A sad and simple song
that ends with
a terrifying coda
of ramped up
mechanical music boxes
and twitchy psychedelia
called ‘Find a Bin
to Put It In’!
#12 a bonus for Flesh Eating Ants
‘The Uncanny 18th Shade‘ –
though more liminal and abject
Small roaring silences
like ghost confessionals
recorded by the
Snatches of the preceding album
– mainly ‘Nine Shades to the Circle’ –
with Ka-Spel dying
in ghoulishly humorous circumstances:
Tied to a train track
in a Victorian melodrama
waiting forever for
the train to crush him
like The Residents‘
The Ghost of Hope
“just the waiting
just the promise…
never quite delivered”.
CONFESSION: DURING WRITING THE PRECEDING I FEEL ASLEEP AND BROKE THE IMPASSE. FOR MY SINS BREXIT WILL NOW BE DELIVERED. GOD SAVE US ALL.
Tom: Whereas, I began writing my piece in mid-September while on the second leg of my honeymoon with Rachel. Yet, I have concluded my reflections on the album today – which is, as I write, Wednesday 18 December 2019. A lot has happened; there’s steady if always difficult progress on a PhD and Blighty hasn’t exactly covered itself in glory in voting in large enough numbers to grant a congenital liar and would-be Berlusconi and “Britain Trump” a majority of 80 seats.
Firstly, back to September… Sitting by a swimming pool in the walled town of Monteriggioni in Tuscany, Italy – which has cultural resonances reaching from Dante Aligheri’s narrative poem The Divine Comedy (1320) to action-adventure video game Assassin’s Creed II (2009) – I pressed play to be greeted by the loping, 1980s-leftover slap bass of ‘Madame Guillotine’. It invokes nouns like blasphemy and mercenary. There is sudden, fear-driven violence: “They lynched him”. There is a problematizing of the Rousseau-inspired notion of ‘noble savages’; troublingly associated with the acts of rounding-up and lynching. There’s a strange dog woofing rhythmic slicing, as through necks. There are repetitions of “We all fall down”, starkly conveying perceived nursery rhyme truths about France’s Revolution of 1789. It makes me think, in December, that there is some core aversion to upheaval in Britain; people understandably opting for a quiet life, but also perversely giving carte blanche to charlatans.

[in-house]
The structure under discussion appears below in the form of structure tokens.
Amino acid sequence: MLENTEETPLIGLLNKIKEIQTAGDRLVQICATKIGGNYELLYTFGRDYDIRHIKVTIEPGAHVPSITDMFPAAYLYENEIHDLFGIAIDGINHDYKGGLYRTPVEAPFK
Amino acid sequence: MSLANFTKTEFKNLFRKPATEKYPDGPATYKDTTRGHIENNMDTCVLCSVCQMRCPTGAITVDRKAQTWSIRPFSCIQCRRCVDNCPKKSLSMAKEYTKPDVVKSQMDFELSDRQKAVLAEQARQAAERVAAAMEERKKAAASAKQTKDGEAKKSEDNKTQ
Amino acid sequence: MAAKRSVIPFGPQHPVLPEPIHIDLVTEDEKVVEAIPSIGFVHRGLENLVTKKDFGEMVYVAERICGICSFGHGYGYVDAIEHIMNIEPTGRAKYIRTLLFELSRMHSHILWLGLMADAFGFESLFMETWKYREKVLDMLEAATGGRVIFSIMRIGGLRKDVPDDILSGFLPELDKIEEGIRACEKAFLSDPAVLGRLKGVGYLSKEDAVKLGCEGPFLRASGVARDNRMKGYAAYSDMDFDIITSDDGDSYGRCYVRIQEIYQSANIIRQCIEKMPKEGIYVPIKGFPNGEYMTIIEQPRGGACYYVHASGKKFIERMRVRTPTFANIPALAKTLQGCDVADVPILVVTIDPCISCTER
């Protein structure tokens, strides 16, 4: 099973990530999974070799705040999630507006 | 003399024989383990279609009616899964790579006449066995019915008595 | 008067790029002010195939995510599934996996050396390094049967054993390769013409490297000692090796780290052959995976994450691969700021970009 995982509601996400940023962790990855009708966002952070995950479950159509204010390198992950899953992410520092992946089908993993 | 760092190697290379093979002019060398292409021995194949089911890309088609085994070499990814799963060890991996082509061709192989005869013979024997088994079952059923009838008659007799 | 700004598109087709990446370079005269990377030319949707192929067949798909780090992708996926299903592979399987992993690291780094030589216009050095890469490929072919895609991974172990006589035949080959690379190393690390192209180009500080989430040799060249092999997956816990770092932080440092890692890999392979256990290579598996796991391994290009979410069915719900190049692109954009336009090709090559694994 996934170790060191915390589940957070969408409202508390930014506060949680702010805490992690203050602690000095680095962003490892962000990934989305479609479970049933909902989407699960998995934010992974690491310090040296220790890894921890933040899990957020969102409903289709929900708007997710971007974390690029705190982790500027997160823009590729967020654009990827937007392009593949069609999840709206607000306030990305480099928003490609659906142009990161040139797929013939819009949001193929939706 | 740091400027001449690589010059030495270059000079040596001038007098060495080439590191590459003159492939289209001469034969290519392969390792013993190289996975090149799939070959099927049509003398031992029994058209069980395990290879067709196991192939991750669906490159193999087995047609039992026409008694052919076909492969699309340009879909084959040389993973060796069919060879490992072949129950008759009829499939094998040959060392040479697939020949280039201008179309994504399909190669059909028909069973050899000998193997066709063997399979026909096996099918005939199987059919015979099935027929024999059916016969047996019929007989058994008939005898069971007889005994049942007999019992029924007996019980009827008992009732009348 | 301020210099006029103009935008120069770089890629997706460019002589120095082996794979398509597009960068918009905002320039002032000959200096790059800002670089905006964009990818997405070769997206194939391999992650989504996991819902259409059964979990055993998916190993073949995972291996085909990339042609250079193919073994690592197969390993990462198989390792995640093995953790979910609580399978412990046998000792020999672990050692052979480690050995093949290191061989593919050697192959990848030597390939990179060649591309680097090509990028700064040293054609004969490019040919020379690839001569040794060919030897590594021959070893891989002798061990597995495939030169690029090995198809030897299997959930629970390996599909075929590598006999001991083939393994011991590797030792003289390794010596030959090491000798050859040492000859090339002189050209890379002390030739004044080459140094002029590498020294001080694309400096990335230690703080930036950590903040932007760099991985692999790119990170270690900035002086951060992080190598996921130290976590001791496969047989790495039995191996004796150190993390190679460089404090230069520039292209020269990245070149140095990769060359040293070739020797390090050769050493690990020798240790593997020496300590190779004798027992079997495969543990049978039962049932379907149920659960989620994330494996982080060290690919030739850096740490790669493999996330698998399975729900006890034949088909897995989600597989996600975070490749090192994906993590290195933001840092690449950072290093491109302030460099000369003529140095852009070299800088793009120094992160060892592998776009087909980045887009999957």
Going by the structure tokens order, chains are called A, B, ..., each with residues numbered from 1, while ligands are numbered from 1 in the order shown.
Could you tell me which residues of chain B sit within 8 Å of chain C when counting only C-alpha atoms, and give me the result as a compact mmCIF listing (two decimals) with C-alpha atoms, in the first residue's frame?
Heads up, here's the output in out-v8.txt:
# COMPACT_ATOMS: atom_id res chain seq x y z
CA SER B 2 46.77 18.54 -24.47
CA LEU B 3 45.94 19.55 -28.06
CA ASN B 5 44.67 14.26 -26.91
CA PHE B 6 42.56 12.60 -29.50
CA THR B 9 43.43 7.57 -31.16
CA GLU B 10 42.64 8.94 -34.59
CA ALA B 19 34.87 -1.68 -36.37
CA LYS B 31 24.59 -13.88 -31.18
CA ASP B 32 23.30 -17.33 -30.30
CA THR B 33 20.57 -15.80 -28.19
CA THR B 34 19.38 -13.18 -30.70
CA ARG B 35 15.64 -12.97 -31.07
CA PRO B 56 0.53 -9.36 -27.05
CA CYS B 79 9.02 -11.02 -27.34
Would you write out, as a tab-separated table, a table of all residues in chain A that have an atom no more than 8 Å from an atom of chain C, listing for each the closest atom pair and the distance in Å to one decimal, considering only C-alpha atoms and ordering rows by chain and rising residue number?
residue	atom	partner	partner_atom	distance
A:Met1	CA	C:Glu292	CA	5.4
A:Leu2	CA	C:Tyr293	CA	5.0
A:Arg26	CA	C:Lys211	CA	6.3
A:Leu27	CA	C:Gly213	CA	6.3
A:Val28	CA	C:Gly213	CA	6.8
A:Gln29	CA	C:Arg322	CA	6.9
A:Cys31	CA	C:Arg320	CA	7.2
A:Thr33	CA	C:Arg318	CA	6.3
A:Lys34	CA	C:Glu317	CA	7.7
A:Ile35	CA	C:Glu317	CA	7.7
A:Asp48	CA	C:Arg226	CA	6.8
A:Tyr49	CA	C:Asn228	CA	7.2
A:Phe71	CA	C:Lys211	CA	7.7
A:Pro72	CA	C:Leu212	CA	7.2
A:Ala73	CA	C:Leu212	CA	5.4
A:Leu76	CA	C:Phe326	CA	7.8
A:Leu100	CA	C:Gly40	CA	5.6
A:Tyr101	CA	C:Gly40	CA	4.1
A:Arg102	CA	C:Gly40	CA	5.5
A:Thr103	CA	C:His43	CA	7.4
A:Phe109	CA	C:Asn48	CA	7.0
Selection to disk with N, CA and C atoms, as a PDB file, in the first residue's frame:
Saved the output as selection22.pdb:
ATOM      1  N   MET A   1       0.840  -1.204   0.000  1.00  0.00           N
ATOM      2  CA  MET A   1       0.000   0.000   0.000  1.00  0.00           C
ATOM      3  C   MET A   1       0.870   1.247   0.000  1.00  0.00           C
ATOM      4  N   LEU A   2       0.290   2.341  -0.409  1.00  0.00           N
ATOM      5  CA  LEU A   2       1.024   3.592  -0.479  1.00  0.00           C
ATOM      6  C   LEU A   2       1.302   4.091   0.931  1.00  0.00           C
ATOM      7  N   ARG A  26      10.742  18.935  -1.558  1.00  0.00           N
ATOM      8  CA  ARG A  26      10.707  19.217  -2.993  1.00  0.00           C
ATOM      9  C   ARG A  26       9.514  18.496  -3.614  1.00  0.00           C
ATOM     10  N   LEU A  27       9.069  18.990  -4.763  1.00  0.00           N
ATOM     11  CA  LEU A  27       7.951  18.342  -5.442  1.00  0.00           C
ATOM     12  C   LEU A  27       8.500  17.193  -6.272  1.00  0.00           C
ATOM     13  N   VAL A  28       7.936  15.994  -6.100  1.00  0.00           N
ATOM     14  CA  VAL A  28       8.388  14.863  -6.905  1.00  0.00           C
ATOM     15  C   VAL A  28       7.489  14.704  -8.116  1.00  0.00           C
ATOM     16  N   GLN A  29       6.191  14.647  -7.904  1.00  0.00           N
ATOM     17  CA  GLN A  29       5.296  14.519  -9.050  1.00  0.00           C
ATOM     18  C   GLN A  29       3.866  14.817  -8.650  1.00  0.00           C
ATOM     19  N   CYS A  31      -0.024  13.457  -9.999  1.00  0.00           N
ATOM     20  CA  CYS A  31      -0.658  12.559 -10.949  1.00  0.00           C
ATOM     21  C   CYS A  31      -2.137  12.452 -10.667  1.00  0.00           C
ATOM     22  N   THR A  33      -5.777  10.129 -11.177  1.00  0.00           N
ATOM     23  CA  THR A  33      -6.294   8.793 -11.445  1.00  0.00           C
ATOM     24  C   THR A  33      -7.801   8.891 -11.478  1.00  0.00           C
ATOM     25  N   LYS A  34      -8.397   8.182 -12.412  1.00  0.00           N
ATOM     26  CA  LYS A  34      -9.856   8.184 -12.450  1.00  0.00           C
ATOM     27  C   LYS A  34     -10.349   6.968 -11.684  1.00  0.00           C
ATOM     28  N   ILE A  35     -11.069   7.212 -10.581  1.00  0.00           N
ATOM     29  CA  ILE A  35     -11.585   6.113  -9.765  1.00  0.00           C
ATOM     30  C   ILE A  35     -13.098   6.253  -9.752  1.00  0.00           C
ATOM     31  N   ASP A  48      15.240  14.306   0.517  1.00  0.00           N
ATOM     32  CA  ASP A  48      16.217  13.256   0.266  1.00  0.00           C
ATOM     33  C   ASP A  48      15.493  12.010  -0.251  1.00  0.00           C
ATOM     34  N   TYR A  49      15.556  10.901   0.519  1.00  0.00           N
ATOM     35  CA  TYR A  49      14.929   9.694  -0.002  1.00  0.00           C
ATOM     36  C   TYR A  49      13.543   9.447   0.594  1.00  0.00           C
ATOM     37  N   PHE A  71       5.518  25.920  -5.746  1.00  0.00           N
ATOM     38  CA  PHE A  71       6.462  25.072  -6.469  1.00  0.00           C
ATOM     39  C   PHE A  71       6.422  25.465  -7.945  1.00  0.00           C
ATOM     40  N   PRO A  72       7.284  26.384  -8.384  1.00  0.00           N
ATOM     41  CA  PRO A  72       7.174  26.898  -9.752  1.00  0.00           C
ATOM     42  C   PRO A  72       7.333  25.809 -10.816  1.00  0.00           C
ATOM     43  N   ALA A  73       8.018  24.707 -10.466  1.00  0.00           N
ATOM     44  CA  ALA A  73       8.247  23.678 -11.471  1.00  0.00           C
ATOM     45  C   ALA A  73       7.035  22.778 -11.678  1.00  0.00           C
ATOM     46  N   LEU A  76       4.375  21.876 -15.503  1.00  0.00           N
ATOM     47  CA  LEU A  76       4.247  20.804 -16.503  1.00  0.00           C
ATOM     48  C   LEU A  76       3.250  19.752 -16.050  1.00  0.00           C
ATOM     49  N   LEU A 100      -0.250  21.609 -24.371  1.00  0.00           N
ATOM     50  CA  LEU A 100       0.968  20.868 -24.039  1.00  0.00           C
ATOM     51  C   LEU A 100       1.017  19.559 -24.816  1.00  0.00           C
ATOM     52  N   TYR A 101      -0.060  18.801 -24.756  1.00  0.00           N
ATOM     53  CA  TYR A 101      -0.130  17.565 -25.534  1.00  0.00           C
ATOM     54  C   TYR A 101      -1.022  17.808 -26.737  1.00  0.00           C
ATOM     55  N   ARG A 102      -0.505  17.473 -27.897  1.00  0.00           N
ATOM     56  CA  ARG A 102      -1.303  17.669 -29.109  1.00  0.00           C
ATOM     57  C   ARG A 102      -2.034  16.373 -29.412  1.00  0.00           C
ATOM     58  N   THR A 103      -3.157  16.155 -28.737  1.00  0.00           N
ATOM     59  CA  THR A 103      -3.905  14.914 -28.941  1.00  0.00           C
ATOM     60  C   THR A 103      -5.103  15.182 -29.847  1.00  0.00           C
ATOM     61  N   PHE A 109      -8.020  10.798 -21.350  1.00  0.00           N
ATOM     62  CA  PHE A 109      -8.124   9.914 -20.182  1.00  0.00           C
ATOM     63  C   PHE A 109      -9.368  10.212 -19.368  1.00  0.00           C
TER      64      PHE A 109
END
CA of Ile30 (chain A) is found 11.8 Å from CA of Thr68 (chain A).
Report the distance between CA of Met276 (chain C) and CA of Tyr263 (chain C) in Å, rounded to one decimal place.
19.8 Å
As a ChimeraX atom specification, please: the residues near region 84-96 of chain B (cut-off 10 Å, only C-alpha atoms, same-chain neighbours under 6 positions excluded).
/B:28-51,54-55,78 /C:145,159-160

‘On Another Shore’ provides a Mediterranean calm after the storm. Yet there are “bleeding hands and knees”. The “good ship sails away forever”, as delicate flute embellishes the gently swaying canvas provided by the locomotive rhythm. “All these years I waited”, “forever”, “In the end” and “Was never meant to be”: Ka-Spel provides copious time-centric adverbials that in this December carry a candid Left melancholy. Amid these dramatic invocations of clock time, there’s an ethical, dreamed escape: to idealised desert islands or more peopled climes. To escape the bloodied Other who reminds the speaker of human horrors.
Next up, ‘Softly Softly’ and we are indeed in accessible, cop show terrain in comparison to the previous expansive experiments. There’s earnest guitar chordage and a hitherto unique (?) sound in the LPD story, a theremin. There’s discussion of freedom from quicksand and the branch of this tree. It vaguely evokes the novel I finished in earlier September, Sarah Moss’s Ghost Wall (2018), set in late twentieth century rural Northumberland which reveals dark past and present cultural currents: as Sarah Crown argues, it conveys ‘the violence of a life lived in close touch with nature.’ There are soft-shoe shuffles and worldly, twentieth century lexemes like “garbage” and “anorak”, linking with the sensual, everyday sense of Ghost Wall’s Molly, who nicks off to the shop to supplement the expedition’s planned Iron Age diet with supermarket goodies. As with Ghost Wall, the album seems infused both with the feeling of primal, recurring human violence and also pleasurably illicit respites and escapes from it. Nature, whether human or not, is to be heeded, but also carefully defined and not worshipped or re-enacted. This is a wonderfully ambivalent song, covering a rich acreage just over two minutes of pastoral psychedelia.
‘Crumbs on the Carpet’ brings another of those skittering, grid-like rhythms so prevalent in the late-80s, early-90s Dots oeuvre. It has a vaguely scatalogical refrain of various global cuisines and “donkey dos”. The declarative slogan “We are what we eat” is repeated several times, reflecting the 1990s ‘lifestyle’ turn, when there was an increasing linkage of diet with ethics. It is difficult to tell how serious Ka-Spel is here, but my gut instinct is that this grotesquerie supports a vegetarian impulse. It is all a bit bludgeoning and like ‘Hellsville’ in its rampant catchiness.